British government launches probe in Muslim "spying" row

Other News Materials 4 February 2008 21:49 (UTC +04:00)

( dpa ) - The British government launched a "fact-finding" inquiry Monday into allegations that one of the country's few leading Muslim parliamentarians was monitored by the anti-terrorist police.

The decision to launch an inquiry, announced in parliament by Justice Secretary Jack Straw, follows allegations in a newspaper that Scotland Yard's anti-terrorism branch eavesdropped on Sadiq Khan, a prominent Labour politician.

Khan, 37, a former human rights lawyer, became a member of parliament three years ago, and is a rising star in Prime Minister Gordon Brown's ruling Labour Party.

It has been alleged that two conversations he had in prison with one of his constituents, a man wanted by the United States on terrorism charges, were bugged - in contravention of a ruling exempting MPs from such practices.

Babar Ahmed, 32, who is accused by the US authorities of raising money for the Taliban in Afghanistan and running websites "inciting murder," is fighting extradition.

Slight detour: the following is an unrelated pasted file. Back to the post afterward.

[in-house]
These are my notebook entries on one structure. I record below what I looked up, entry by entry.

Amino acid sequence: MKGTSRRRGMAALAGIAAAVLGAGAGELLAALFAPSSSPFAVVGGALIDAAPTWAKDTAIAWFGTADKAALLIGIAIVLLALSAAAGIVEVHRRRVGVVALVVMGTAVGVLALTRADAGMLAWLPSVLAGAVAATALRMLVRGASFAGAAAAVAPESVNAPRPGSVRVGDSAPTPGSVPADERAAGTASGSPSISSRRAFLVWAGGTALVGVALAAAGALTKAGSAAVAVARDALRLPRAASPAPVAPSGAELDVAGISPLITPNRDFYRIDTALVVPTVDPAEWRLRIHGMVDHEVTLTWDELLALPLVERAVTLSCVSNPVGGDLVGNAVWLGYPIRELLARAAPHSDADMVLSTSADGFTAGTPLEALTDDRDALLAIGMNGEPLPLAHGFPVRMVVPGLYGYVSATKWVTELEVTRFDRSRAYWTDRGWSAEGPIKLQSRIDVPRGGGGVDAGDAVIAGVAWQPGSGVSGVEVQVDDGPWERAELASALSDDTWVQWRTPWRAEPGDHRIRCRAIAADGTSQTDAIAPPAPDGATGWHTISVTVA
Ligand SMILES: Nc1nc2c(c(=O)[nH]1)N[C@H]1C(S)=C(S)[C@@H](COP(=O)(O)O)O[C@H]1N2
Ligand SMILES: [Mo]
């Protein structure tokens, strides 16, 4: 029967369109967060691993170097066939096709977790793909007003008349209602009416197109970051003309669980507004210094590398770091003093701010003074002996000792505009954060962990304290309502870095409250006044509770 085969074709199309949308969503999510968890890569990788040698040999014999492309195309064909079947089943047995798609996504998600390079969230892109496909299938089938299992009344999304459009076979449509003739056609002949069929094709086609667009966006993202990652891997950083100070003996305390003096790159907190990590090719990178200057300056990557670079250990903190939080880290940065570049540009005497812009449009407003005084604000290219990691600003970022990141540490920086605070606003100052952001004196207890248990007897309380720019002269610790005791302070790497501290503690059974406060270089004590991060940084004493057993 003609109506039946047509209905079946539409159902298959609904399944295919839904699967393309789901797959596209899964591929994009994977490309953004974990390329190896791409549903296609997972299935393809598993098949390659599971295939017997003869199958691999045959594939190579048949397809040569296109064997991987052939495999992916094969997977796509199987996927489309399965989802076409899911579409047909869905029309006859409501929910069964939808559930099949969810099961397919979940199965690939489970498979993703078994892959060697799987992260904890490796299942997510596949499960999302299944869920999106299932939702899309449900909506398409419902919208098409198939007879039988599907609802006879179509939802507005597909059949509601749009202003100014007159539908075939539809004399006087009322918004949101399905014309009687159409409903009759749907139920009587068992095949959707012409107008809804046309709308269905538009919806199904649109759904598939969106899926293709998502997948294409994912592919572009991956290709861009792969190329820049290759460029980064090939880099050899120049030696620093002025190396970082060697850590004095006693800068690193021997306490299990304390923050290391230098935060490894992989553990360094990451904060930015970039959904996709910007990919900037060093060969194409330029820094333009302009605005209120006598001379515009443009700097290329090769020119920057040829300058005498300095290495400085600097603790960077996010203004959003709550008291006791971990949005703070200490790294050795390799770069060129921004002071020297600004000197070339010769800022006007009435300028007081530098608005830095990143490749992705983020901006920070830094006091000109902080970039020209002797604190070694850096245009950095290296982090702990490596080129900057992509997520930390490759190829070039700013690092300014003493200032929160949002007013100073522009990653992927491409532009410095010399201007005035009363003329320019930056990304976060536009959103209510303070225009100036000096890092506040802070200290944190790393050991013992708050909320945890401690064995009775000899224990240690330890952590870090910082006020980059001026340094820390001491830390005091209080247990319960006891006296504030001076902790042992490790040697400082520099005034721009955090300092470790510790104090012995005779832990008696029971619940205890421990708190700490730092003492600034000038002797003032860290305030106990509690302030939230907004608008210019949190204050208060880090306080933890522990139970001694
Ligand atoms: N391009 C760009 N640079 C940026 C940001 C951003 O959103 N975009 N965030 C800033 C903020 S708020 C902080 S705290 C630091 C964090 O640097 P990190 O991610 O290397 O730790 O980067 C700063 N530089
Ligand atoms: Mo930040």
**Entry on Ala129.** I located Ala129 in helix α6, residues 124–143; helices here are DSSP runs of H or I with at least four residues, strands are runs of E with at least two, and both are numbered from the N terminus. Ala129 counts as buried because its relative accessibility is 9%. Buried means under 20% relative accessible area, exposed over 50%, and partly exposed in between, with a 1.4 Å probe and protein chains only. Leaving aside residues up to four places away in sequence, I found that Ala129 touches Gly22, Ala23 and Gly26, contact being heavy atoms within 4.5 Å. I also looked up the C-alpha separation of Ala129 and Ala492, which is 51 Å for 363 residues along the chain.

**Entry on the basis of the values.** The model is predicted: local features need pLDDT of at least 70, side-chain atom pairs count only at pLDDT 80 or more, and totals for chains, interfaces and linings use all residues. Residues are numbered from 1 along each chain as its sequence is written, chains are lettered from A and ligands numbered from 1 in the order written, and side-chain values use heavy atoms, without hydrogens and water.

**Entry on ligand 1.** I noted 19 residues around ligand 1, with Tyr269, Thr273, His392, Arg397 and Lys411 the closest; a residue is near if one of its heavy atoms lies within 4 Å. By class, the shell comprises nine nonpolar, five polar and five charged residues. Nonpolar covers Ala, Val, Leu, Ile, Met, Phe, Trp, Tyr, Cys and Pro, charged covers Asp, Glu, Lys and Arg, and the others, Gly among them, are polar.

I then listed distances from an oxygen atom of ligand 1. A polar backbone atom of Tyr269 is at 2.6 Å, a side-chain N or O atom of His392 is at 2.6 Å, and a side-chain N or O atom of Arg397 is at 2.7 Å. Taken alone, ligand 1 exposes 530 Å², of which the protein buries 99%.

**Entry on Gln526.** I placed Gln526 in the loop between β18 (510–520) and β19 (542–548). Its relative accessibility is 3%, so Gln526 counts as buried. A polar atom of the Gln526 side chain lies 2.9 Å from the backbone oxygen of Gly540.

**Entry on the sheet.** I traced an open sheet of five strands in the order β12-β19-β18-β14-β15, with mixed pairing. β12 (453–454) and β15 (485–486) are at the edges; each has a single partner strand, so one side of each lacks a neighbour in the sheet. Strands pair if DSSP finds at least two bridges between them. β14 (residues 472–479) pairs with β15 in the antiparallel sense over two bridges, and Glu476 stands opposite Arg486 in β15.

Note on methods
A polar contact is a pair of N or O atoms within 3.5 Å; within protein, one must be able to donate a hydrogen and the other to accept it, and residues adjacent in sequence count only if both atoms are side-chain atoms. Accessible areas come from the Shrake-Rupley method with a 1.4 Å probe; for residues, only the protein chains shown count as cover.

He was visited twice in prison by Khan in 2005 and 2006, when the private conversations between the two men were allegedly recorded by a device hidden under a desk they were sitting at in the jail's visitors' room.

Straw said in parliament Monday that no minister had played any part in authorizing the alleged bugging, and promised to report on the result of the inquiry in about two weeks' time.

The government has denied that it was informed of the illegal bugging of Khan's conversations with the terrorism suspect last December.